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Old 01-09-2008, 01:28 PM   #1
longride
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Default Ducati 2007 Sales

DUCATI NORTH AMERICA REPORTS RECORD 2007 SALES

Ducati North America is proud to announce that 2007 ended as the company’s best ever year, with retail sales passing the 10,000 mark for the first time. The arrival of ground breaking new models and a decisive victory in the 2007 Moto GP World Championship have brought an unprecedented amount of success to the Italian brand.


Total North American sales grew by 22% in 2007; up from the previous record of 8,200 bikes in 2006. This impressive growth occurred while the overall North American motorcycle market declined in 2007. In addition, Ducati North America’s unit sales have experienced significant growth over the last four years, more than doubling since 2003.

The top sellers in 2007 were the new 1098 Superbike, the Monster family, and the nostalgic Sport Classic line. Although it only arrived for the 2nd half of the year, the category-busting Hypermotard posted exceptional sales as well, totaling over 800.

“Ducatisti the world over had a lot to celebrate in 2007, with class leading new bikes and unprecedented success in Moto GP. Ducati North America is proud to be a part of the success story and we look forward to another outstanding year in 2008; starting with the arrival of the 848, 1098 R, and Desmosedici RR in the first quarter!” said Michael Lock, CEO of Ducati North America.

Ducati’s record sales in 2007 were not limited to motorcycles - the Ducati Performance Department reported an astonishing growth of 109 percent in accessory sales, and 42 percent in apparel sales. Many Ducati dealers have also made significant store improvements through Ducati’s Retail Design Program and participation in the new DNA sponsored business development program.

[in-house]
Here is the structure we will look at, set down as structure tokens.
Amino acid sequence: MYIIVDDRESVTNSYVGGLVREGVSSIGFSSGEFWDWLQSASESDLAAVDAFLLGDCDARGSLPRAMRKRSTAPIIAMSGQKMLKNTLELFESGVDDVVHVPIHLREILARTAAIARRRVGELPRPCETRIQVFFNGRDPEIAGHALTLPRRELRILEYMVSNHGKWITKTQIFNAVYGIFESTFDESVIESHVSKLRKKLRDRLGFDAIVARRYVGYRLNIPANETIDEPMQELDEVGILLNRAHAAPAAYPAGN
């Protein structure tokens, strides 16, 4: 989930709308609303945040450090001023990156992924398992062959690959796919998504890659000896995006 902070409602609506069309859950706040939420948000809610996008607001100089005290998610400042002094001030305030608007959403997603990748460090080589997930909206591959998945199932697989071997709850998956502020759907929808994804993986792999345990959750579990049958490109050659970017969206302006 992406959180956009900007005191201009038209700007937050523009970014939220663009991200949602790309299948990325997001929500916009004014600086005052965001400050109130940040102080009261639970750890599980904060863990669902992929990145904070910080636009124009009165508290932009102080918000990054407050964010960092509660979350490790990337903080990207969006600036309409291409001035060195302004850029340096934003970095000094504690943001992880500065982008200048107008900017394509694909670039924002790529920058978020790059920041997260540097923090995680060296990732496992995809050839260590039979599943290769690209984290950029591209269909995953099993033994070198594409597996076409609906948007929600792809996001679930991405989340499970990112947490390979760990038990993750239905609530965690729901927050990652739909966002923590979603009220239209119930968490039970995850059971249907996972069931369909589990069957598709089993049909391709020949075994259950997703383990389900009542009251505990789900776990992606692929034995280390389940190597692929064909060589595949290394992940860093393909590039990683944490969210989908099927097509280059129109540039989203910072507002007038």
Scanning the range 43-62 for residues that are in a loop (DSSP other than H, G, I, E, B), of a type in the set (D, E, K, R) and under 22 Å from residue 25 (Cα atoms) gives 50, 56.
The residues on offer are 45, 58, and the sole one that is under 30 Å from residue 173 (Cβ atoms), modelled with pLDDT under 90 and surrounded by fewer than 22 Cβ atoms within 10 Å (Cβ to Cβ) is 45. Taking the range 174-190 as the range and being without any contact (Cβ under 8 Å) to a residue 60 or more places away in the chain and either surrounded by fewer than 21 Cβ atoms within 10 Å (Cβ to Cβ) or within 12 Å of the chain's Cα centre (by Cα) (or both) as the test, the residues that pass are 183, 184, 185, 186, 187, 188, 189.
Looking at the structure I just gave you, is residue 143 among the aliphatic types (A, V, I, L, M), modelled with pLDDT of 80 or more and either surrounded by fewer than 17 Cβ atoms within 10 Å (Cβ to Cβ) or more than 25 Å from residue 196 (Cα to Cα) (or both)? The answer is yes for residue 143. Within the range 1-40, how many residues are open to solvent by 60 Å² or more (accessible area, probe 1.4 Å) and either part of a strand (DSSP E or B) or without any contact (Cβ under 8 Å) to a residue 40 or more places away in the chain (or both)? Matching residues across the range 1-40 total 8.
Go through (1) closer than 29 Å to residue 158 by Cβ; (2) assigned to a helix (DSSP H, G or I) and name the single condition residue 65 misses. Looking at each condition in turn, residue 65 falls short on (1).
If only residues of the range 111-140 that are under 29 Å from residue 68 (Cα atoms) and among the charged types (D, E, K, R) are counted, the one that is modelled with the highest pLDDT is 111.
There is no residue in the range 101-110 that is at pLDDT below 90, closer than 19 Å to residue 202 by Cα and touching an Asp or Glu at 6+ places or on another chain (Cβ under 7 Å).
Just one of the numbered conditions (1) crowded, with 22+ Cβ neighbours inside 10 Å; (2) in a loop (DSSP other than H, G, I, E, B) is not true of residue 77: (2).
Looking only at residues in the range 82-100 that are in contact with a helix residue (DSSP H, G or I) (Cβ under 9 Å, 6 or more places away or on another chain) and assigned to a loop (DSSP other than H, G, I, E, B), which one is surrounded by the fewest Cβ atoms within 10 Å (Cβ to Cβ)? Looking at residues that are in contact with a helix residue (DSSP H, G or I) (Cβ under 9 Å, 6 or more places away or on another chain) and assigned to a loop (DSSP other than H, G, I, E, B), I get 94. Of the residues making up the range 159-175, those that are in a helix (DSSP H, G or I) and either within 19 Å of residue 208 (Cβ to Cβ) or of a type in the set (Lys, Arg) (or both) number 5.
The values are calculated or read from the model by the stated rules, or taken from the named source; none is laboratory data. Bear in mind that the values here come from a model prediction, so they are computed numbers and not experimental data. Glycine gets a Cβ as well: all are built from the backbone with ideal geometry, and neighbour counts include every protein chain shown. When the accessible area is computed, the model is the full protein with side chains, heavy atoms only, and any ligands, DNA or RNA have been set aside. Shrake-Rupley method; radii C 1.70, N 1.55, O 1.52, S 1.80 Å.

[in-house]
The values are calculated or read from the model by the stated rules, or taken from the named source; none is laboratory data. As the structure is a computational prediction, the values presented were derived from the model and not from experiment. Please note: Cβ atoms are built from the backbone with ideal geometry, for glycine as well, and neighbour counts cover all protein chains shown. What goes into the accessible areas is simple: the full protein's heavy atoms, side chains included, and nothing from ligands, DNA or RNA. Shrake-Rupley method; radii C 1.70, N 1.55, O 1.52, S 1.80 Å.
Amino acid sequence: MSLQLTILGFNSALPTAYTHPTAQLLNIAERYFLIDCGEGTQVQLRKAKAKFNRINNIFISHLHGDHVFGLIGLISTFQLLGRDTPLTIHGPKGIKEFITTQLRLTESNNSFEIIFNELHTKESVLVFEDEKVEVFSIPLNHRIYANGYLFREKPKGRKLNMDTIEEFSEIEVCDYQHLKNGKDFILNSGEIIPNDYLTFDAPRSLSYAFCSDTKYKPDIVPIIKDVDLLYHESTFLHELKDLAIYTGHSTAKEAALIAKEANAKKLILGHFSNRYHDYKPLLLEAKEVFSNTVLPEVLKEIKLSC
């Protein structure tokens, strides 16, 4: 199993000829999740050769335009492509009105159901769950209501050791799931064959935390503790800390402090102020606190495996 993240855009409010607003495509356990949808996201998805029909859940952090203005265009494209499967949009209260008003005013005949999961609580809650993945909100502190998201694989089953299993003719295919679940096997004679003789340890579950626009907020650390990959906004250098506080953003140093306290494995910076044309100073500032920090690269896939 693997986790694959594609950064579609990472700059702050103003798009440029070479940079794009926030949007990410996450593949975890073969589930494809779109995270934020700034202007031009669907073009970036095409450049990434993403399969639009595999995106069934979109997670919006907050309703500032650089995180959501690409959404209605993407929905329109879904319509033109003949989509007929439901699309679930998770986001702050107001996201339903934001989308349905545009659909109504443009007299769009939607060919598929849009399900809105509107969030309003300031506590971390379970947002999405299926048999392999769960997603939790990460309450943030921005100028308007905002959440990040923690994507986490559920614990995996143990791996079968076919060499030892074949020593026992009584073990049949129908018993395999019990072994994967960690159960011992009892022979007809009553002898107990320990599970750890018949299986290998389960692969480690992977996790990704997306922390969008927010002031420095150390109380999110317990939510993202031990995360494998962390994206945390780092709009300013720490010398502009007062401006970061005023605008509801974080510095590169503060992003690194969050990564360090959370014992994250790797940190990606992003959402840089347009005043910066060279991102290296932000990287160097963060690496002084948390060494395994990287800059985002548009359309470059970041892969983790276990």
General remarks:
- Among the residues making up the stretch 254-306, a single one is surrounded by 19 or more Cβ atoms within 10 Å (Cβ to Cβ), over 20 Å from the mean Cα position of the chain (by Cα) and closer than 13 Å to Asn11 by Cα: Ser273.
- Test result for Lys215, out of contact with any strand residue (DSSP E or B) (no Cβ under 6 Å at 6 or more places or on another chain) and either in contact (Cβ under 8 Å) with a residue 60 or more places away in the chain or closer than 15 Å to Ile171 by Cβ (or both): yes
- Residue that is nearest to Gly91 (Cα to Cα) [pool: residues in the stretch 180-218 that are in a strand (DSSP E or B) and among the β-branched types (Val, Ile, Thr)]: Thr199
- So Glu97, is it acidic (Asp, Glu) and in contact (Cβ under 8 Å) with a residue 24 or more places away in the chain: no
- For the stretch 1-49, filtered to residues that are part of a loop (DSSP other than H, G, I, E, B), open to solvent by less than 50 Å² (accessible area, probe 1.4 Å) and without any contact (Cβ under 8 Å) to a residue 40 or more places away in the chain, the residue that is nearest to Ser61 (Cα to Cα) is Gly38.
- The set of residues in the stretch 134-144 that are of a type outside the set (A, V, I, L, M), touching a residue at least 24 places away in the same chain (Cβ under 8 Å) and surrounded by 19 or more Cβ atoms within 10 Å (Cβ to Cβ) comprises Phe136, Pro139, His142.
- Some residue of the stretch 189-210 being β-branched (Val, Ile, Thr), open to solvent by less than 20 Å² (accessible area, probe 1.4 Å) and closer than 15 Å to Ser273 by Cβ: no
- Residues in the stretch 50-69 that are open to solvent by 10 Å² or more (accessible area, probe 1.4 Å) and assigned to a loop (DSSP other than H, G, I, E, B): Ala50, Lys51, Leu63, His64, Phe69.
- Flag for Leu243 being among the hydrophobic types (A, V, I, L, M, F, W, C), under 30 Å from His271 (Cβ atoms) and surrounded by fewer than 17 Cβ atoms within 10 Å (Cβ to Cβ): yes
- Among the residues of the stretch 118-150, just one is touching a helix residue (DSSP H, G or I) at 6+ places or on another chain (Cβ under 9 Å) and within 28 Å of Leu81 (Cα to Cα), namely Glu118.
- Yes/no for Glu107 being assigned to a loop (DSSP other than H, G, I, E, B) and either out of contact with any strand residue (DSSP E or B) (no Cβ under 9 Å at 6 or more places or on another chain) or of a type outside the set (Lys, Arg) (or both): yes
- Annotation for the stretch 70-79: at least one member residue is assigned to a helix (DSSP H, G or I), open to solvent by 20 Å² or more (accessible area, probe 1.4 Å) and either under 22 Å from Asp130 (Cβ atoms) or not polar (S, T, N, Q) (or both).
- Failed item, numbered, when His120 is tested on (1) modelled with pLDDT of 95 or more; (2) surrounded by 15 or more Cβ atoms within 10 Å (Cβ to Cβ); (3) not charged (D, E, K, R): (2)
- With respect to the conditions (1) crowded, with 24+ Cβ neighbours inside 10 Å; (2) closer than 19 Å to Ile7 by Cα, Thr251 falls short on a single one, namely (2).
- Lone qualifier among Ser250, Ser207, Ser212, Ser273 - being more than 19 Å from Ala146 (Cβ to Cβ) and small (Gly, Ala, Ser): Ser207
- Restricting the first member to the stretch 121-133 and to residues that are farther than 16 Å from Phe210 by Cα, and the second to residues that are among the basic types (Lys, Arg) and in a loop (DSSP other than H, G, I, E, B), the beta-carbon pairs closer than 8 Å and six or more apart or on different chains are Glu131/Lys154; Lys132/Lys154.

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Old 01-09-2008, 01:38 PM   #2
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I predict 2008 will be another double digit rise, as well. With the 848 and the M695 coming out Ducati could really see a breakthrough in the US market place that they have never seen before. Lock has done a fine job of running US operations and Ducati would be crazy to ever let this guy get away. I'm sure Triumph is kicking itself for letting him wander off years ago.
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Old 01-10-2008, 07:03 AM   #3
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Not sure what happened with this Ducati thing with them selling all those bikes. I heard from an expert source that the V-Twin was dead, and the V-Four was replacing it as the new standard. Something has to be wrong here! Can anyone explain this to me?
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Old 01-10-2008, 08:27 AM   #4
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Not sure what happened with this Ducati thing with them selling all those bikes. I heard from an expert source that the V-Twin was dead, and the V-Four was replacing it as the new standard. Something has to be wrong here! Can anyone explain this to me?